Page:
The coastline now heads north, and the Tuscan coast can be seen on the horizon (Punta Ala, Follonica), as we meet the deep gulf of Mola, with the elegant, sophisticated town or Porto Azzurro, with a marina and mooring services. Continuing around the island, we come to the gulf of Ortano, with its crystal-clear water and vast Posidonia meadows; a few miles further on are the harbour and town of Rio Marina, a typical mining settlement which grew up and thrived with the mining industry until the 1970s, and has now been transformed into a holiday resort. Along the coastline which follows there are visible traces of iron ore on many stretches of the rocky coast, which shortly afterwards is covered with woodland and vegetation as far as the small village of Cavo, in the middle of a large bay surrounded by beaches.

The northern shore has now come to an end and facing us is Piombino, with its Channel, criss-crossed by ferries. We round Capo Castello and the little island of Topi, with the large bay and beach of Frugoso to port, before coming to Capo Vita: Portoferraio, our starting point, now reappears on the horizon. The northern coast we follow back into the harbour is of rare beauty, with very colourful rock formations ranging from red to white and lush vegetation, surrounding the villages of Nisportino, Nisporto, Bagnaia and Magazzini. The National Park controls a nature reserve in an area of sea at Ghiaie (Portoferraio), between Punta Falcone and Capo Bianco, including the island of Scoglietto. All fishing (both commercial and leisure) is forbidden in this area of sea, except fishing with a line from the shore and with squid jigs.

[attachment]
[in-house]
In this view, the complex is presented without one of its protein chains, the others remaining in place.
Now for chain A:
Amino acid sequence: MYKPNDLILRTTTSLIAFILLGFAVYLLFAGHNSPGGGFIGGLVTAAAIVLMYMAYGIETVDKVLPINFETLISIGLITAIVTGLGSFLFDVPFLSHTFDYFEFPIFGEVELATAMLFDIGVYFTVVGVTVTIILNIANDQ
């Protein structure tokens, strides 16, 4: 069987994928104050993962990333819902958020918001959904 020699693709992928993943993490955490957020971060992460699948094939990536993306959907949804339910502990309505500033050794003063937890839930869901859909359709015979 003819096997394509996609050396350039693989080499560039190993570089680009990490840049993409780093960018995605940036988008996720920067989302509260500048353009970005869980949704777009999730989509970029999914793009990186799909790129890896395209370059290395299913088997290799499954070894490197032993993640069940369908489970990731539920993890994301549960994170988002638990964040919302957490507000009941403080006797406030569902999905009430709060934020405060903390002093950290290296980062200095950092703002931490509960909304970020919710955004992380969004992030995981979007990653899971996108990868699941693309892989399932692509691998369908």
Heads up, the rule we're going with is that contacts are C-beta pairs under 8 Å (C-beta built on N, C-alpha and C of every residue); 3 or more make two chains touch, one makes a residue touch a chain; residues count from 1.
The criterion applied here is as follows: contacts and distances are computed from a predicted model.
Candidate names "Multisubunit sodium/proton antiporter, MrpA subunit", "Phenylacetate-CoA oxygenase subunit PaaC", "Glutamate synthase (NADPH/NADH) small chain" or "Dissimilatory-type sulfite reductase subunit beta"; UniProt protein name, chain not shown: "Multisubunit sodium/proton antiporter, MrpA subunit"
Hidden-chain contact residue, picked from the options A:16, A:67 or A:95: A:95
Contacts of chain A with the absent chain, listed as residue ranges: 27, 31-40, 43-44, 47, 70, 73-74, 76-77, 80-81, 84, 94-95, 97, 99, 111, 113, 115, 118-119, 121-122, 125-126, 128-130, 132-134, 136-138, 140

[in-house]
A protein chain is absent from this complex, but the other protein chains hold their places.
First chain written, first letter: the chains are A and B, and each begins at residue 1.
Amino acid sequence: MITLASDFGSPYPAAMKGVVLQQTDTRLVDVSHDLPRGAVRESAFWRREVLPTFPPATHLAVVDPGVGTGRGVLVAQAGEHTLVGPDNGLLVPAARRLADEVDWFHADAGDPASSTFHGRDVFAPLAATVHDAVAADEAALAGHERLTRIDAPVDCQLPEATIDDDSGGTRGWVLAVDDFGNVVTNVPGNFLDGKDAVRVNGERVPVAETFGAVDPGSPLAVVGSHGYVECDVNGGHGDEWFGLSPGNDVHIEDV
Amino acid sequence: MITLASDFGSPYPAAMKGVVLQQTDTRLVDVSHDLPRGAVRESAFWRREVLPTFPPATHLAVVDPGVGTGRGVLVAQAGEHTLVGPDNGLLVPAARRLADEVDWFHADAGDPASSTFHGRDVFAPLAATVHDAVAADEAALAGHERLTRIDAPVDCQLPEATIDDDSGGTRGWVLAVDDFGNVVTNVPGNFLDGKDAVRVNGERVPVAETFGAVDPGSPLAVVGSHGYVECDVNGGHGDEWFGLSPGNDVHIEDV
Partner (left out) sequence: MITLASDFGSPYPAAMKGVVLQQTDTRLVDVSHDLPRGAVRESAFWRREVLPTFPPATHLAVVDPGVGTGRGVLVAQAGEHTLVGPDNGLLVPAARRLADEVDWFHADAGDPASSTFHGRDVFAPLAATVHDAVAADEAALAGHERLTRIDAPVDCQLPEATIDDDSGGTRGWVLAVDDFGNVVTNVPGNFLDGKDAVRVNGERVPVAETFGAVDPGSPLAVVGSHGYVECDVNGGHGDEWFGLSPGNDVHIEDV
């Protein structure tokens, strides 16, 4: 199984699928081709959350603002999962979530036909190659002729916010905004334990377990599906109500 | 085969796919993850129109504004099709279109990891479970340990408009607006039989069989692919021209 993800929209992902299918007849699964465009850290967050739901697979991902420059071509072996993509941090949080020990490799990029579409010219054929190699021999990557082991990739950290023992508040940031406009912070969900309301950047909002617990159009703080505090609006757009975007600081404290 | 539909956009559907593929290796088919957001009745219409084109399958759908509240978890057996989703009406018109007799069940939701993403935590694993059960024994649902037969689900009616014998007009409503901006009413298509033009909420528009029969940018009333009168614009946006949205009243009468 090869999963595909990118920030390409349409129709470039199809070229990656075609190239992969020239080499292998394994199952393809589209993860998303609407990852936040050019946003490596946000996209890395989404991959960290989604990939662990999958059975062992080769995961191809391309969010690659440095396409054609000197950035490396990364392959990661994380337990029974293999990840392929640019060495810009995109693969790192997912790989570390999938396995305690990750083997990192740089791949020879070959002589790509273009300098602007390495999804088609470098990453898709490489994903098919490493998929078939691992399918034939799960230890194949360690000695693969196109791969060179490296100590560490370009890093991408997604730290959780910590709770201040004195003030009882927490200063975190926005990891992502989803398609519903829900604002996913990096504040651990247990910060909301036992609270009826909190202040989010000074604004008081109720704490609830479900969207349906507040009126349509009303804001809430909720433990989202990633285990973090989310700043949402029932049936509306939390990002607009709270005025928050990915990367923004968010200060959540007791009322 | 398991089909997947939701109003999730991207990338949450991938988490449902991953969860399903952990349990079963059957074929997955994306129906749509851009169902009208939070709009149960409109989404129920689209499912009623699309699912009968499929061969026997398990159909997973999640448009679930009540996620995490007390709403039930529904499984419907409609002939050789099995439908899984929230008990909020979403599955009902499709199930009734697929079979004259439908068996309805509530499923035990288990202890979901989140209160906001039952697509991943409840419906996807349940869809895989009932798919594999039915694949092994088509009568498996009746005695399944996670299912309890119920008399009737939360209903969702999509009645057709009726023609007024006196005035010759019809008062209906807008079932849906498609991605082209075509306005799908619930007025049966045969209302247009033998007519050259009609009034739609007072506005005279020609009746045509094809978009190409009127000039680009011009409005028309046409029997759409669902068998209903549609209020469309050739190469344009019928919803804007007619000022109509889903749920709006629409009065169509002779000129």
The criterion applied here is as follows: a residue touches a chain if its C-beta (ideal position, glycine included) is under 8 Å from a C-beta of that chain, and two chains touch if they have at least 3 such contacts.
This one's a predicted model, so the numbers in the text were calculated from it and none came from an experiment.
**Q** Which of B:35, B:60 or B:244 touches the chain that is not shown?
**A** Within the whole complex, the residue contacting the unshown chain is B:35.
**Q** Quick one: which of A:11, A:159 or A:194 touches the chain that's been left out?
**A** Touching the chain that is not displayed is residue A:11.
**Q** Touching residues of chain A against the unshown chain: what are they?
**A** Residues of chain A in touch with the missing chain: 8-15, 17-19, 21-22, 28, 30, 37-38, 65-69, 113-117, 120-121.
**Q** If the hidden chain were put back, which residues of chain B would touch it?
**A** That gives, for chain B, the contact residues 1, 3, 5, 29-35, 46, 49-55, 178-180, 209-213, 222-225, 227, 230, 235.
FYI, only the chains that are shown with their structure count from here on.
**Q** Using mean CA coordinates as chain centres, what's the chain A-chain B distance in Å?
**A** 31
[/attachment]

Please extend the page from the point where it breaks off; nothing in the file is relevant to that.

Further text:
Land

On land, the island has surprising, unexpected features: chestnut forests, some of them hundreds of years old, clad the sides of the highest mountains, while vineyards and olive groves cover large areas nearer to the coast, and ilex and maquis complete the picture of an island with lush vegetation.